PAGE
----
Hormone Replacement Therapy can reduce the troublesome hot flushes of the menopause. It’s also a hot topic because research suggests that it’s not always a safe treatment. Is it sometimes too hot to handle?
Menopause and the seasons
Hot days can mark the end of summer, the end of a fertile season in which flowers have burst into glorious colour and plants have shot up in height; hot flushes signal the end of a woman’s fertile “summer” in which she has had children (perhaps) and watched them grow.
The Victorian author Samuel Butler describes how “autumn is the mellower season, and what we lose in flowers, we more than gain in fruits”. During a woman’s “autumn” (post menopause) she can also enjoy the fruits of her labour, before entering the “winter” of old age.
A difficult transition
According to Professor Henry Burger, fellow of the Australian Academy of Health, going through “the change” (as the menopause is frequently called) can trigger “hot flushes (or flashes if you’re American), cold sweats, spells of vertigo, depression, headaches, insomnia, palpitations, lack of energy, diarrhoea and/or constipation, persistent cough, backaches, upset stomach, aches or stiffness in joints, shortness of breath, sore throat, loss of appetite, menstrual problems, fluid retention, difficulty concentrating, nervous tension, urinary tract or bladder infections, pins-and-needles sensations and decreased libido”.
More long term, menopause may be linked to increased risk of heart attack (it’s well known that there is a striking increase in heart attacks in women after the menopause) and loss of bone strength, resulting in increased fracture risk.
How HRT can help
During menopause, a woman’s ovaries effectively stop producing oestrogen and progesterone, and this leads to the troublesome symptoms. HRT works to replace oestrogen (usually combined with progesterone). It can be taken in tablet form or via skin patches, gels, implants or as a vaginal pessary. Side effects can include headaches, nausea and weight gain, but switching to another type of HRT usually helps.
Carol Vorderman has revealed how HRT saved her from crippling depression; thousands of women have found relief from the various symptoms of menopause with HRT. It can also strengthen bones and reduce risk of colon cancer. Earlier studies suggested that it might reduce heart attack risk and even improve memory (though this is now disputed).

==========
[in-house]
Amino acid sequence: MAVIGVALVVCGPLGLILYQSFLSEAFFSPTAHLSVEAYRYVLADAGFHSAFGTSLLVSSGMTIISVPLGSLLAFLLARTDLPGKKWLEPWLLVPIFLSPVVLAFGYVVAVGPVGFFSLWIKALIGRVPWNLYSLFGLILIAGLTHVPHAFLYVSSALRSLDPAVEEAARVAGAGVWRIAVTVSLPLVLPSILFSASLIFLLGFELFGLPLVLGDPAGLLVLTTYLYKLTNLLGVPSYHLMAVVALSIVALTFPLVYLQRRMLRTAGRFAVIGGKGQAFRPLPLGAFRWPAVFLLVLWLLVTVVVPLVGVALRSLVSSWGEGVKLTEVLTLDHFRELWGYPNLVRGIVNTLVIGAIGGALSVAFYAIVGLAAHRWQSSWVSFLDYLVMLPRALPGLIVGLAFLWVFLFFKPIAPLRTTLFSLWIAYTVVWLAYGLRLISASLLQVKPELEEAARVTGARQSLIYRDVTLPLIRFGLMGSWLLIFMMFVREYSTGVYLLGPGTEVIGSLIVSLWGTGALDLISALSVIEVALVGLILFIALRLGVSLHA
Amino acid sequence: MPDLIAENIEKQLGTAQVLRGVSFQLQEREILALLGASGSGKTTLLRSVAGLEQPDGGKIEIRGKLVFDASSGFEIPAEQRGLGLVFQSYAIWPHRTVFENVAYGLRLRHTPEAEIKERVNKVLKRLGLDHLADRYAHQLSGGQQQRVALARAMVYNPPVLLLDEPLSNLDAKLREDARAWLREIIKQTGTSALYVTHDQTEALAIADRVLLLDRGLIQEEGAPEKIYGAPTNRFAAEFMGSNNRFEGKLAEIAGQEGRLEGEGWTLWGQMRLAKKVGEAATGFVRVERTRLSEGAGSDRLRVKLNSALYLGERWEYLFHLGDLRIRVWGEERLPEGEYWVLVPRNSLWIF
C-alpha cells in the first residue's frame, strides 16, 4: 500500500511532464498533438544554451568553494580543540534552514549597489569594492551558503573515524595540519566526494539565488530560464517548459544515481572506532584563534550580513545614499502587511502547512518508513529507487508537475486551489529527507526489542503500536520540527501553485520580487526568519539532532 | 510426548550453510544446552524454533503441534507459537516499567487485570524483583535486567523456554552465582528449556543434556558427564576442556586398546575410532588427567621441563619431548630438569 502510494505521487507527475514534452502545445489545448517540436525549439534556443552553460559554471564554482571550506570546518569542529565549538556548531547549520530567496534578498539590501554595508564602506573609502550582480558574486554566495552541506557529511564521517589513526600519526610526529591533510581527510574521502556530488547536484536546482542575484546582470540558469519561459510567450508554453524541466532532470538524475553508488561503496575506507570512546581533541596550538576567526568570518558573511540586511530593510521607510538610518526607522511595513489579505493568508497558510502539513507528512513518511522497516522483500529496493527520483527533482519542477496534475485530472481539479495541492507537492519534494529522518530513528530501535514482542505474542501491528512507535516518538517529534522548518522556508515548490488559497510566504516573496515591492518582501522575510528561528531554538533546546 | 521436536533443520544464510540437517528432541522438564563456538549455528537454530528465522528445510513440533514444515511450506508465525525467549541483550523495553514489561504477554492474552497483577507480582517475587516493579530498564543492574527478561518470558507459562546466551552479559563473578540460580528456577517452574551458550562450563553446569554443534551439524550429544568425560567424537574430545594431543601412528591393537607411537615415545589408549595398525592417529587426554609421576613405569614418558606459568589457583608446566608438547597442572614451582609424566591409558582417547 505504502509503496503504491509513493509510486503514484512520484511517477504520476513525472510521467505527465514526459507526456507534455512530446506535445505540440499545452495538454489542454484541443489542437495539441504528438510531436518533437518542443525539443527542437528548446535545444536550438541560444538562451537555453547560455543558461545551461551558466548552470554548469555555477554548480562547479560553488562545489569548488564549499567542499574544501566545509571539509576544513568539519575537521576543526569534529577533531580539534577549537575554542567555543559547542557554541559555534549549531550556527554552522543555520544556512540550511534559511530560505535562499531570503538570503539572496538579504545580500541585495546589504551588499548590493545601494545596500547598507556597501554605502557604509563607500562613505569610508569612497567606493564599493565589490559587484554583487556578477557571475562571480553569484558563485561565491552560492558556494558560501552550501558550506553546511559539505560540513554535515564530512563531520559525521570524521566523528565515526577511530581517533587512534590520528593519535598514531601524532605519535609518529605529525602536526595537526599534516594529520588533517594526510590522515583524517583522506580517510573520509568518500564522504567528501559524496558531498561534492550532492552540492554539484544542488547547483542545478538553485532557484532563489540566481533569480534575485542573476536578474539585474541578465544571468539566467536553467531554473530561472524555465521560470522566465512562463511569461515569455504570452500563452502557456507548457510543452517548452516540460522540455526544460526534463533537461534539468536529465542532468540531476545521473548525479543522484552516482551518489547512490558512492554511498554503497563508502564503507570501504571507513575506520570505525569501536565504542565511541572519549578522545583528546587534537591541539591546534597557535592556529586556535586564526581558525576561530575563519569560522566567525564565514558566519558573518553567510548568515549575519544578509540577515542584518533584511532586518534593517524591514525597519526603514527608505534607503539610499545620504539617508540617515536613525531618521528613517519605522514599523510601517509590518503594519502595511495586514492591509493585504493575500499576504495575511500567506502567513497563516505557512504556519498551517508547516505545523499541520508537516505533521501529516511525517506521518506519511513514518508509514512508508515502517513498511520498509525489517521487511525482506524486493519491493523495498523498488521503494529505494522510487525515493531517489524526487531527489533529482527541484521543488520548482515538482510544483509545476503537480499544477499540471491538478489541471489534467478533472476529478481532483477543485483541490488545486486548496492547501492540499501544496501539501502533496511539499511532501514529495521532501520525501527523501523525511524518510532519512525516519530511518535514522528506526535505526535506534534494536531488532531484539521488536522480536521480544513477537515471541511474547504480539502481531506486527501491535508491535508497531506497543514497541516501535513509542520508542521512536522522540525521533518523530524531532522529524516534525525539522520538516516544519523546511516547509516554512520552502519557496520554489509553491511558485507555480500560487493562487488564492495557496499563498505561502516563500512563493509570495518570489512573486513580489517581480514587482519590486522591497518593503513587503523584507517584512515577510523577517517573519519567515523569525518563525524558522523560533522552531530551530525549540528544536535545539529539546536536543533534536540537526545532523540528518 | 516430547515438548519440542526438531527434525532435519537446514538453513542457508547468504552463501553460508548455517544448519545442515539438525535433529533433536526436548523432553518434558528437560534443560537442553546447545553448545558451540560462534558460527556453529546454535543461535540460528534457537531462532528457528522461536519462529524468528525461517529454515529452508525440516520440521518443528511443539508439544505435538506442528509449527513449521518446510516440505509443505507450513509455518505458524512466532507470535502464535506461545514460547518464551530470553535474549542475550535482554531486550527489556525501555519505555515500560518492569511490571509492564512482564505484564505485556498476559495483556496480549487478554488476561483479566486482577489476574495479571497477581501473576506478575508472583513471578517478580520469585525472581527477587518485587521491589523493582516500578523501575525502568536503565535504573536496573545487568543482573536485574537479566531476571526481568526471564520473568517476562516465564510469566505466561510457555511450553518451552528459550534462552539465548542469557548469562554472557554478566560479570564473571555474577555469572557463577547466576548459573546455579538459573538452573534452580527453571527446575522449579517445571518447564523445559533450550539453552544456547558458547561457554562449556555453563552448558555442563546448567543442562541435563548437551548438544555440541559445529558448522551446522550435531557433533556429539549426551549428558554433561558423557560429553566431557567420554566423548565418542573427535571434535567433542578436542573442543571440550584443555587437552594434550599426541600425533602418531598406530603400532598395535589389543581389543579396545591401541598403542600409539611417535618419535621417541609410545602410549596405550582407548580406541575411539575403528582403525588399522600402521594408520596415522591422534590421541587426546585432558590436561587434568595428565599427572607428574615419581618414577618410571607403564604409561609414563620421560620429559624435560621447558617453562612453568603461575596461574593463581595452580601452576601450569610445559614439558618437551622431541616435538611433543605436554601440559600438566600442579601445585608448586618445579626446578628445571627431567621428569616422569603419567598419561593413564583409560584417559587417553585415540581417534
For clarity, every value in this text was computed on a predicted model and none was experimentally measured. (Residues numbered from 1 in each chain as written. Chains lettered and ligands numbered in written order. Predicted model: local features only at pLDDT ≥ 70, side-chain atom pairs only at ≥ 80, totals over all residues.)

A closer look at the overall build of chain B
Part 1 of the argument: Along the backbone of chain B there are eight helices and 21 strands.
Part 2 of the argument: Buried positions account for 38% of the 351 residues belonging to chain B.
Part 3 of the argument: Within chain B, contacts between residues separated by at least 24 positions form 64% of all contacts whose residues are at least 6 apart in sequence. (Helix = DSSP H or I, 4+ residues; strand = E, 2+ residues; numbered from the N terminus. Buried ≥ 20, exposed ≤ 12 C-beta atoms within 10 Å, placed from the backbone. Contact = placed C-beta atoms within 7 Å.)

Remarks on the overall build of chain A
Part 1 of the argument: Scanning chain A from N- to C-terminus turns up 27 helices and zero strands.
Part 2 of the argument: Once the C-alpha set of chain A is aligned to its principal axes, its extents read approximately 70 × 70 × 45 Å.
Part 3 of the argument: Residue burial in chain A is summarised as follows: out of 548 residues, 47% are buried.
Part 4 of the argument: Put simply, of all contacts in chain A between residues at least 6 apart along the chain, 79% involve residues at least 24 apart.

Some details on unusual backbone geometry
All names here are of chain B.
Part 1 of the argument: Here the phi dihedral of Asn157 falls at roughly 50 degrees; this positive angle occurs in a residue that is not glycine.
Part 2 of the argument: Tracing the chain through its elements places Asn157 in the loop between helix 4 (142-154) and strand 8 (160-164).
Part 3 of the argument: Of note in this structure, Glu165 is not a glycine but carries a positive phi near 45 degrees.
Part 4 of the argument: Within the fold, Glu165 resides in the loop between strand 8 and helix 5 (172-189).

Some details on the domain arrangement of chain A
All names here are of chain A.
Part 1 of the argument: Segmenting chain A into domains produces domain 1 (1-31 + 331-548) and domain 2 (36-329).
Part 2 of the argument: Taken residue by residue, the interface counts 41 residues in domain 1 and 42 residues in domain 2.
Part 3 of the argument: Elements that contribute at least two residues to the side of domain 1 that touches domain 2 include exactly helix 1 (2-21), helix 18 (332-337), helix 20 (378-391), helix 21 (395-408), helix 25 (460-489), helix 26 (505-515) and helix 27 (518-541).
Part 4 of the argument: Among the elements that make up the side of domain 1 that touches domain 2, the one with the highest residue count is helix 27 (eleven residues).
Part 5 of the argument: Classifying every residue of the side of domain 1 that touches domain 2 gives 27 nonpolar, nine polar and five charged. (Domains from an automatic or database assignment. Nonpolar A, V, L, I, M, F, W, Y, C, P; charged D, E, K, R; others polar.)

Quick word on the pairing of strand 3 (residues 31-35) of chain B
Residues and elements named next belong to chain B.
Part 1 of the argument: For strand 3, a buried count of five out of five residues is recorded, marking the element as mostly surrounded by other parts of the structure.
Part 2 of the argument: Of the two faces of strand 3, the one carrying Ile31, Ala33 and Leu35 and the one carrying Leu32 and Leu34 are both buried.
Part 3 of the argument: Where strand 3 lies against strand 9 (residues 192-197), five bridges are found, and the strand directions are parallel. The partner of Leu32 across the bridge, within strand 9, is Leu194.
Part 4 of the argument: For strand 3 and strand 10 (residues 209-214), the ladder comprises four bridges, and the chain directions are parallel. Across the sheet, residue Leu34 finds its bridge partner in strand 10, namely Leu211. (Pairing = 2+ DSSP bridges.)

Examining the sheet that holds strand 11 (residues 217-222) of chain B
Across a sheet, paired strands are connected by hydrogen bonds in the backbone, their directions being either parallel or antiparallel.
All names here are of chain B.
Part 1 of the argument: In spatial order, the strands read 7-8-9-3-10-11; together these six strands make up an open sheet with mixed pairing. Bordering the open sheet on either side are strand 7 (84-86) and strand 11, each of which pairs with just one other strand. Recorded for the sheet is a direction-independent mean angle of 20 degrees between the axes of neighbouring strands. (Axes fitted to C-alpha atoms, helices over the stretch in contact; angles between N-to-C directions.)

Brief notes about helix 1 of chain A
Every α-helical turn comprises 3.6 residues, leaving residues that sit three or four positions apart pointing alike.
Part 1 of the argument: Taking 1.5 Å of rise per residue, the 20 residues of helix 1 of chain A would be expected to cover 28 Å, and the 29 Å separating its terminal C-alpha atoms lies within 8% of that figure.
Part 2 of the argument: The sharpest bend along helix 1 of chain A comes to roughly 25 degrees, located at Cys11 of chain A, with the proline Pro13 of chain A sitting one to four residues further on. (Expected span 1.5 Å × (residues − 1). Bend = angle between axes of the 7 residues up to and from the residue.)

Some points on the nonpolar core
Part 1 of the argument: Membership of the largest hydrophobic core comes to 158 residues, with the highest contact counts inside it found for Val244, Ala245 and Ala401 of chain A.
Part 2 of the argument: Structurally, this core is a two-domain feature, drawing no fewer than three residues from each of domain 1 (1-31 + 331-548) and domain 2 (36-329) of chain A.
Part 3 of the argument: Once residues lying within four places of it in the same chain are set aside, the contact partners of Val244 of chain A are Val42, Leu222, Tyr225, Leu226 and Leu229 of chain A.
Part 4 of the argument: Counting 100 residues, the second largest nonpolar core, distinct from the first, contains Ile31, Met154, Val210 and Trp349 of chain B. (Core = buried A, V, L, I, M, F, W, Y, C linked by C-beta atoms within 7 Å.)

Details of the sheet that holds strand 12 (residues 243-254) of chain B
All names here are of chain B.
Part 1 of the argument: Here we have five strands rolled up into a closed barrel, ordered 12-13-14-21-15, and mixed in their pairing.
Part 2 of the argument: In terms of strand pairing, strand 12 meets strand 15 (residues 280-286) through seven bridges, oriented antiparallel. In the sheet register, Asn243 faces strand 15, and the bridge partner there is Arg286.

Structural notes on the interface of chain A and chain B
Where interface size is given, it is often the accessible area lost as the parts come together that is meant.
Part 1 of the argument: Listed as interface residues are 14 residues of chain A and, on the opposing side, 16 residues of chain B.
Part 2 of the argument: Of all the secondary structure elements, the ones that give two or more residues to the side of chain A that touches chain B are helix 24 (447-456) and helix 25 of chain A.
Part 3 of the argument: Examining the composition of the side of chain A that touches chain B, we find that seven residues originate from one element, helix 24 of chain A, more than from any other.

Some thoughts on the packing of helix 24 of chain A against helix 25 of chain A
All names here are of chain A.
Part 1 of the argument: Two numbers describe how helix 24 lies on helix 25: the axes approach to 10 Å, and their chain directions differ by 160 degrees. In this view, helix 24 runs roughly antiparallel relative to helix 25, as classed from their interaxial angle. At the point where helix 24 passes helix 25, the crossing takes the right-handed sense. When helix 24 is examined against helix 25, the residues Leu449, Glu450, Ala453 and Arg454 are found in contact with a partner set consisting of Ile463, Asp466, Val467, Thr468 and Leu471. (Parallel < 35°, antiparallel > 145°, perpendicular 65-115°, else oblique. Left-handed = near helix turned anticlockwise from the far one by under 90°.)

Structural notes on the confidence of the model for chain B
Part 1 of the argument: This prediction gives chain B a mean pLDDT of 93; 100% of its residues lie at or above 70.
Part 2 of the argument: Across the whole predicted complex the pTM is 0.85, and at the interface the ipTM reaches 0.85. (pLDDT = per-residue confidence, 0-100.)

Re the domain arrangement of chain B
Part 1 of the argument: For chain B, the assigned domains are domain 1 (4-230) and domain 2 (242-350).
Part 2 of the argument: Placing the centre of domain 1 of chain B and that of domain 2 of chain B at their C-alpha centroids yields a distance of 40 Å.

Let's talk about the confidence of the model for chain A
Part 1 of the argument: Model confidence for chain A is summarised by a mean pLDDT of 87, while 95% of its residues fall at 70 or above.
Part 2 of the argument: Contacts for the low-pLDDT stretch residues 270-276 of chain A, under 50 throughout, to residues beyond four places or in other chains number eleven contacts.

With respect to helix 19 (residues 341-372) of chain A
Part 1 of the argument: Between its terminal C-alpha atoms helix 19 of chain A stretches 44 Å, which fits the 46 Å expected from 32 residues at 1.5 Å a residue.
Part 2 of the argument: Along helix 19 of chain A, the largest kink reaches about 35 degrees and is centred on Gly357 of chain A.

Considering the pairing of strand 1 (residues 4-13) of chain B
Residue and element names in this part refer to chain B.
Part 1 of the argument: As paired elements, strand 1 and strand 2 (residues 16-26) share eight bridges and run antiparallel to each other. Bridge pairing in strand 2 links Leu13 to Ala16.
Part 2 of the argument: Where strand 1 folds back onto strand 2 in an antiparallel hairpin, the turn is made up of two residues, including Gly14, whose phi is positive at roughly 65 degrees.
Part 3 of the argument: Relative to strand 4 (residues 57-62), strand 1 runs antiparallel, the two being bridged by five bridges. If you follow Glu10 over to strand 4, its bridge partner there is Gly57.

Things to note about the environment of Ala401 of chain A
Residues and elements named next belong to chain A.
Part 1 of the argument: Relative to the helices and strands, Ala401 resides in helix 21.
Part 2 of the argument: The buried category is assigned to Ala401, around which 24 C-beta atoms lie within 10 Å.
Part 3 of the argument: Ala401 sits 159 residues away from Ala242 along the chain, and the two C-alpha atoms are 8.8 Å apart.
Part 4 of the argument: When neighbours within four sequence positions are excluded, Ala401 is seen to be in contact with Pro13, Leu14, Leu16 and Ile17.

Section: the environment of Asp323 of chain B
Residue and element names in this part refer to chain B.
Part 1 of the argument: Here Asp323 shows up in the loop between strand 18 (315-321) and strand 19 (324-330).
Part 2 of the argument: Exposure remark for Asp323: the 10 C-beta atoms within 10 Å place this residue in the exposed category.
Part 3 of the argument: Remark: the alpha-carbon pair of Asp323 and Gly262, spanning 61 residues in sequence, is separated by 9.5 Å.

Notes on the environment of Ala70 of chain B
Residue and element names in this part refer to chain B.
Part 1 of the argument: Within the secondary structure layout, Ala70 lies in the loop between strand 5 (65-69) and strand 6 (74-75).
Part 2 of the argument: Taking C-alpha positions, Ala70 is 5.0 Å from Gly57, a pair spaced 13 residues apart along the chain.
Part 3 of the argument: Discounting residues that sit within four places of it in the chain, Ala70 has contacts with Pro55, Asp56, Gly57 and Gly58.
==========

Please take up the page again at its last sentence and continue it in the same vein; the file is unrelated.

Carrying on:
HRT—only for a season?
To everything there is a season. Opinion remains strongly divided as to how long that season should be.
Some doctors recommend taking the smallest dose for the shortest possible time to reduce menopausal symptoms, but stopping at the earliest opportunity because HRT may increase breast cancer and blood clot risk.
Others see HRT as an appropriate drug to take for the longer term, reasoning that factors such as being overweight, drinking wine, having an early first period or a late menopause or childlessness also confer a risk of breast cancer, but that benefits of HRT can outweigh its risks in some people. Ellen is one such young woman: diagnosed with agonising endometriosis in her late teens, she now takes HRT for the long term to counteract the effects of Zoladex, a drug which has stopped the pain and “given her life back again”.
In fact, HRT may be less risky in some women than others: Dr Ningqi Hou from the University of Chicago has written that “black women, obese women and women with breast tissue composed largely of fat may benefit from HRT use with minimal excess breast cancer risk”.
Some lands have no seasons
Countries near to the equator have virtually no seasons. For some women, there is no season during which it is appropriate to take HRT. This includes women with a strong family history of breast cancer or women who have already had a heart attack (paradoxically, HRT has been shown to increase heart attack risk in such women) or blood clot.
A final word on seasons
According to some rather puzzling Hungarian research, “the changing of seasons may have a major impact on the start of menopause” with higher rates observed after the spring and autumn equinoxes. Whether this is really true, and why it should occur, is unknown.
That the human body can go through seasons just like the natural world is a thought that Leonardo da Vinci would have endorsed. He viewed the human body as a “little world” that reflected the structure of the world as a whole: he compared water currents in rivers and the seas with the flowing of blood in the arteries and veins.
Albert Einstein said “look deep into nature and then you will understand everything better”. It certainly helps when thinking through the menopause and HRT.
Helen Cowan completed a PhD in cardiac pharmacology at Oxford in 2002. She is a qualified nurse and has written for the British Journal of Cardiac Nursing, and worked as a columnist in the Nursing Times. Read more from Helen here.
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